We left Conception Island just before noon on Tuesday, the 15th, for an overnight passage to Acklins Island. The timing of the departure was established to take advantage of a brief period of lighter winds from the east which we could motor into for awhile. The forecast was for the winds to shift to the southeast and intensify. Since Acklins Island was on a bearing to the southeast, we wanted to get as far east as we could in order to have a better angle on the wind for the remaining part of the passage once the winds shifted and became stronger. The trip went generally as planned. We motored slightly south of east in winds that built from 8 knots from the ENE upon departure to about 14 knots from the SE by 10:30 p.m., at which time we were almost due north of our planned anchorage on Acklins. The winds remained from the SE throughout the night and increased in intensity another knot or two. It wasn’t the most comfortable with the winds and the four-foot waves, but it was tolerable. Neither of us slept much when we were off-watch with all the banging of the waves into the bow and all the jostling about. But, when we passed Umbrella Rock pulling into Atwood Harbour, we were happy. Nothing broke en route (that we know of) and, although we were tired, we were in good shape.
We dropped the anchor just before 8:30 a.m., in about 9 feet of water. Cindy noticed the chain-rode wasn’t laying like it normally does, but when I backed down on the anchor we didn’t move. However, when I went out to dive on the anchor, it was obvious that things weren’t right. Our chain went through a large tree branch laying on the bottom before wrapping around a rock at a right angle leading to our anchor. This wouldn’t do, so I motored forward to unfoul the anchor rode from the rock before we brought it up to try, try again. We motored over to a much cleaner patch of sand and dropped anchor in 8 feet of very clear water. The next snorkel confirmed that our anchor was buried in the white, sandy bottom. The very next order of business was a nap!
We slept until 11:30 and then had brunch on board. I had purchased a BTC (Bahamas) cell phone simcard with a data plan that allows us to stay in touch with the world when we don’t have wifi, but have cellular service. Such was the case with this anchorage. So, after brunch, we did a little web surfing and I worked on the blog. We had dinner, watched another holiday movie, and relaxed. There was not another soul in sight — another picturesque beach-lined island paradise all to ourselves.
Thanks to Wednesday’s afternoon of rest following our overnight trip, we were re-energized to explore and play on Thursday. So, after morning prayer and our daily Shakespeare (yes, just a few more days and we will have read through the entire works of Shakespeare in a year), we splashed our 2-person kayak into the water and paddled across the harbour to the creek on the other side. The creeks on these Bahamians islands do not fit my concept of what a creek is, which was formed in my childhood by playing in “the woods” in Georgia. Unlike the sometimes muddy creeks of the Peach State, these creeks are filled with crystal clear waters with white sand bottoms, and lined with mangroves. One of our best experiences while cruising was kayaking up the creek on Shroud Cay in the Exumas. It was breathtaking, especially when it opened up onto the deep-water side!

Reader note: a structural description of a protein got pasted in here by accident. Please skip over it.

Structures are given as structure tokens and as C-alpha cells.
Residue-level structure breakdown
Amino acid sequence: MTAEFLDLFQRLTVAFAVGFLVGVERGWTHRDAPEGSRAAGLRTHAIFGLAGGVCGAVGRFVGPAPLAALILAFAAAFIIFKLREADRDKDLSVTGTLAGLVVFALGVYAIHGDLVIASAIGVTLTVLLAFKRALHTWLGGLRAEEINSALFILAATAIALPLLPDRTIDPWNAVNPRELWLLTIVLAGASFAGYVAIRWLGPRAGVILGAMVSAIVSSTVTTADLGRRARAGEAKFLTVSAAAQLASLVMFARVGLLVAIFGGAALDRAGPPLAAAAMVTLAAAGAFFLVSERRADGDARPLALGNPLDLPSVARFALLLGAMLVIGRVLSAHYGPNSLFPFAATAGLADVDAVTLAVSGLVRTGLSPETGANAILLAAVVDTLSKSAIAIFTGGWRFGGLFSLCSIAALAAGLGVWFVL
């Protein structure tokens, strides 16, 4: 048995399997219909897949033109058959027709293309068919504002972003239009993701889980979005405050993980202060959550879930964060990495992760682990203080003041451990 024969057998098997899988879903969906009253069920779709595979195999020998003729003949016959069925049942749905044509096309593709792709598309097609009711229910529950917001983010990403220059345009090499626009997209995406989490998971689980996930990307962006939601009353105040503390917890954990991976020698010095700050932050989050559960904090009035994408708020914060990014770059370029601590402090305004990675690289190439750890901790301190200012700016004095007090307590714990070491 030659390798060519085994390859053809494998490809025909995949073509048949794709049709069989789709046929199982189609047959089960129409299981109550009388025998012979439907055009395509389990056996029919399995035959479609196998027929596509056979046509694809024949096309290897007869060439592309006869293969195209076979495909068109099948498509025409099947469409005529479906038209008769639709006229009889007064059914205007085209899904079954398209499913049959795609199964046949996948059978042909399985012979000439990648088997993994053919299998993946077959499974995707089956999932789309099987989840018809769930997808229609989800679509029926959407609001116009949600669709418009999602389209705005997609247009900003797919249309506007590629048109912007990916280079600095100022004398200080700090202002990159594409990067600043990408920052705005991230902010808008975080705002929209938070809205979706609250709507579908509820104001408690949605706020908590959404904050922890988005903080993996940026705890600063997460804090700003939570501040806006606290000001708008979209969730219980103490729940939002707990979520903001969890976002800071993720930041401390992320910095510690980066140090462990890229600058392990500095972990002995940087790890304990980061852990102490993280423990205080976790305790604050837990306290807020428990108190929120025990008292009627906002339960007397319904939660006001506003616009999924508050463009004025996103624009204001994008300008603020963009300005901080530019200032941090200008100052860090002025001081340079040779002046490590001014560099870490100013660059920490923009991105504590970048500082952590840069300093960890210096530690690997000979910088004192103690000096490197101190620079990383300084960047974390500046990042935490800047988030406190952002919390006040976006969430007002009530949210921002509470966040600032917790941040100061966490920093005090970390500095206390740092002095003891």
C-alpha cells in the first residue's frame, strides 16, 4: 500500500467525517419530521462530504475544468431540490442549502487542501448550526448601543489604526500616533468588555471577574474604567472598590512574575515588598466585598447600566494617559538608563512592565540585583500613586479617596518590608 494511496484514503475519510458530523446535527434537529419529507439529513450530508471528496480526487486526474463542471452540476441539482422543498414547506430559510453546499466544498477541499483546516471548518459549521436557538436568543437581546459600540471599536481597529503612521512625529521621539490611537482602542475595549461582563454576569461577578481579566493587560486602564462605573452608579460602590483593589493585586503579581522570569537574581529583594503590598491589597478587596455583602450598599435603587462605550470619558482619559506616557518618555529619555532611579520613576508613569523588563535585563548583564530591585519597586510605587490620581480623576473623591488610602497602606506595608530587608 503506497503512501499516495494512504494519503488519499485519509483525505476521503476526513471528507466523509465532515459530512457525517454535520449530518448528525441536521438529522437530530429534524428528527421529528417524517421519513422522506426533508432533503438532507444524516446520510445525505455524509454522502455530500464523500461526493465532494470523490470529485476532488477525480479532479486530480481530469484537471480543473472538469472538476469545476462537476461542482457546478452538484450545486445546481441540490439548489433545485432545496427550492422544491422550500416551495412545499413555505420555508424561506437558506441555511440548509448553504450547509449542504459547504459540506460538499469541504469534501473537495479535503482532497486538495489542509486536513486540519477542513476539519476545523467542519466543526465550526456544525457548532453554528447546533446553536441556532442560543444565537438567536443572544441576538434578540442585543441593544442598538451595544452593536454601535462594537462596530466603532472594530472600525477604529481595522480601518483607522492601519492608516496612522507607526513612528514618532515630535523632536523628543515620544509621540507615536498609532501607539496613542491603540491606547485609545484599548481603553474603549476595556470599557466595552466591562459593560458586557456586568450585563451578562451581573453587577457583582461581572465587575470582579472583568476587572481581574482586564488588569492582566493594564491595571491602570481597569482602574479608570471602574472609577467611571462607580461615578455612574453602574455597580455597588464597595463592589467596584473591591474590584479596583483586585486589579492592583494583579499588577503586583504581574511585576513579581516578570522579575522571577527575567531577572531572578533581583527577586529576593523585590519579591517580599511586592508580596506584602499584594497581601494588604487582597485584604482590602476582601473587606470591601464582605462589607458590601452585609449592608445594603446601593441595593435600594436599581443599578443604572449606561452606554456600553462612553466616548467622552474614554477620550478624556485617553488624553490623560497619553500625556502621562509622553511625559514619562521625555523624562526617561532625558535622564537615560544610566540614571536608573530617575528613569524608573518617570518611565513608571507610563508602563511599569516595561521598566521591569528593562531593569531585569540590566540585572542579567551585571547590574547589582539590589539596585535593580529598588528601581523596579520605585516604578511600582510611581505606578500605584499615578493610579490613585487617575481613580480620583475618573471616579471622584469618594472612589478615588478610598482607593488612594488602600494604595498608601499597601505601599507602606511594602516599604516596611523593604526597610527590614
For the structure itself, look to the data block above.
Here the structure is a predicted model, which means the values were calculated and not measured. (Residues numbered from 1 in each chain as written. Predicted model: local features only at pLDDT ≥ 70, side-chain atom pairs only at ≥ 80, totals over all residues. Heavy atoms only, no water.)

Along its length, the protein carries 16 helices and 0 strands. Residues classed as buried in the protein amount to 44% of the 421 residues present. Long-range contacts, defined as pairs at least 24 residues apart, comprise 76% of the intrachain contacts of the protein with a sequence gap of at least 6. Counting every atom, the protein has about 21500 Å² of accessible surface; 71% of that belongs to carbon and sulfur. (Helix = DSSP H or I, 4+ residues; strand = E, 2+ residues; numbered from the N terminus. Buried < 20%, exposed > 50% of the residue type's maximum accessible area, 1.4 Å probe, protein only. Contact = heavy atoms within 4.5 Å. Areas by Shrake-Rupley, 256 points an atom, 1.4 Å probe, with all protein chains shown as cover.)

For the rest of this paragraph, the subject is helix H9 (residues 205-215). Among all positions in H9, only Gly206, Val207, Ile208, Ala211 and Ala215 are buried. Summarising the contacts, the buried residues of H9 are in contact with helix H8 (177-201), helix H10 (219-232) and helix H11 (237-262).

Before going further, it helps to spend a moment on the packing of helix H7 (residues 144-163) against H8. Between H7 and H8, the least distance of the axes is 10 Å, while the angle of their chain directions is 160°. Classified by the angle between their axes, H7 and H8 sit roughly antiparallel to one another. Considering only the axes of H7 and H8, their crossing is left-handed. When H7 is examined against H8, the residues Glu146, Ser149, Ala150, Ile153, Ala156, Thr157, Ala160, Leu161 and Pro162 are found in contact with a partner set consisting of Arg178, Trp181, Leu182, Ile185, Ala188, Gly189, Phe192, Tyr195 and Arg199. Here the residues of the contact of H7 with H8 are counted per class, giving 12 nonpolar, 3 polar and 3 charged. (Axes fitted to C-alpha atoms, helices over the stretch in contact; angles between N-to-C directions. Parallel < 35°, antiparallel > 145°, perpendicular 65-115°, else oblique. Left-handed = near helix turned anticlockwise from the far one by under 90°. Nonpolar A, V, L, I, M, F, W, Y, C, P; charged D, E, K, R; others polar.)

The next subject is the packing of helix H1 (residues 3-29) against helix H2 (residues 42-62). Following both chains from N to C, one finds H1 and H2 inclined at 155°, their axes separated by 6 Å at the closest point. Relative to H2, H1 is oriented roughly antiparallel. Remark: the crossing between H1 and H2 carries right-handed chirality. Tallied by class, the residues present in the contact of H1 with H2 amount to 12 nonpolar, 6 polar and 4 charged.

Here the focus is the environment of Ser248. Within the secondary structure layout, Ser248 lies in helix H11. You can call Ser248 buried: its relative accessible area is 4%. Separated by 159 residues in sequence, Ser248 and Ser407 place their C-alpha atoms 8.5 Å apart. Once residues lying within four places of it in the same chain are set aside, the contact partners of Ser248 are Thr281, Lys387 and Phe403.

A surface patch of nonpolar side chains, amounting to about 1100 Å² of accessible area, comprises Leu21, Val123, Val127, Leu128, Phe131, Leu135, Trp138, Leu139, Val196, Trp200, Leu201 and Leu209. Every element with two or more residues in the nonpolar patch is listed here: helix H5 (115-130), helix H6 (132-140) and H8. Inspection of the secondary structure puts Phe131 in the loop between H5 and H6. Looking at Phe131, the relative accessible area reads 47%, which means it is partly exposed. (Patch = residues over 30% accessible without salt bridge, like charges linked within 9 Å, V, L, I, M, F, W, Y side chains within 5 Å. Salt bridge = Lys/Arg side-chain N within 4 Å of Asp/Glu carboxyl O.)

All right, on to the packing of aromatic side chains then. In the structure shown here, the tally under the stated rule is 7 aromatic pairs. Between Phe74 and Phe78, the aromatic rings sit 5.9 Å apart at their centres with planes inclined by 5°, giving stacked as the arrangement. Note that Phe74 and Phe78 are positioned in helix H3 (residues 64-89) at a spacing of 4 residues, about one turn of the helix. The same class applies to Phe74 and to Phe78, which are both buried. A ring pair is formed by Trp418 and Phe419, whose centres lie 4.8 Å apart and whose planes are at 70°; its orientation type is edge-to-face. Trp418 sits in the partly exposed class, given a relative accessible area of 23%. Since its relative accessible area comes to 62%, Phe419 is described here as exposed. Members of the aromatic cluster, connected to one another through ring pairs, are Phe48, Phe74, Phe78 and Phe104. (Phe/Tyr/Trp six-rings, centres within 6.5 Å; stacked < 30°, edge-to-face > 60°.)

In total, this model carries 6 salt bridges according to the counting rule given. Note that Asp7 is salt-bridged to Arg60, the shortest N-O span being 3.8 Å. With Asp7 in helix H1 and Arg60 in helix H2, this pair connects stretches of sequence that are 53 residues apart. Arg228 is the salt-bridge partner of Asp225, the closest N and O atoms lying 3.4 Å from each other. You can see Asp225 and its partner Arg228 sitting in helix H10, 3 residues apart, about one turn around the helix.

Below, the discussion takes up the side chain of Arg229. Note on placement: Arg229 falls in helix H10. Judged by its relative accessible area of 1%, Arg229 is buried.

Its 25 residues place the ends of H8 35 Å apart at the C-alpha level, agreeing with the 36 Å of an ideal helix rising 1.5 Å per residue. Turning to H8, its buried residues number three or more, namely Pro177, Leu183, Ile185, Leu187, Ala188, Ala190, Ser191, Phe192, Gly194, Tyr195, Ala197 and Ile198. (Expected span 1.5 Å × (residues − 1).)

When we had successfully paddled ourselves up the first two hundred feet or so of the creek, I casually mentioned that there was a shark following us in. Big mistake. Cindy was ready to head back. We did continue another couple of hundred feet up the creek before we turned the kayak around and headed back to the circular harbour. Upon reaching the relatively wide and deep mouth of the creek, we pulled the kayak up onto the sandy, windward side of the waterway and did a little shell-collecting and exploring. On the return walk, as we neared the spot where we left our kayak, we noticed that there was no kayak. A quick glance upwards revealed our kayak in the mangroves on the other side of the creek. Now, I love the water and I love to swim, but I’m not a “great” swimmer. I’m not all that smooth and I waste a lot of energy, which makes it difficult for me to swim long distances (for me, that means a couple hundred feet, not a mile). But, I really had no choice. We were the only humans around. Either, I had to swim back to Beatitude or swim to the kayak. So… I plunged into the beautiful waters at the mouth of the creek and began kicking and flailing my way across. I stopped several times, hoping I could touch bottom, but each time was disappointed by the lack of sand beneath my toes. While crossing, the current was taking me up the creek and away from the kayak. Cindy just knew I would be washed out to sea and lost forever. I wasn’t nearly so concerned, because I knew I could float (at least in salt water) and eventually this creek would shallow up as it continued inland. Finally, I was filled with relief when I paused to feel for sand beneath me and found I could stand and walk my way back up the creek to our kayak. This little swimming expedition, coupled with the extended paddling back to Beatitude in the 20-knot wind and little waves, left me exhausted the rest of the day. What a fun adventure, though!
We settled down for a dinner of shrimp scampi with pasta at anchor as we noticed a small fishing vessel make their way into the anchorage for the night. We were no longer alone. Time to put back on all the clothes. 🙂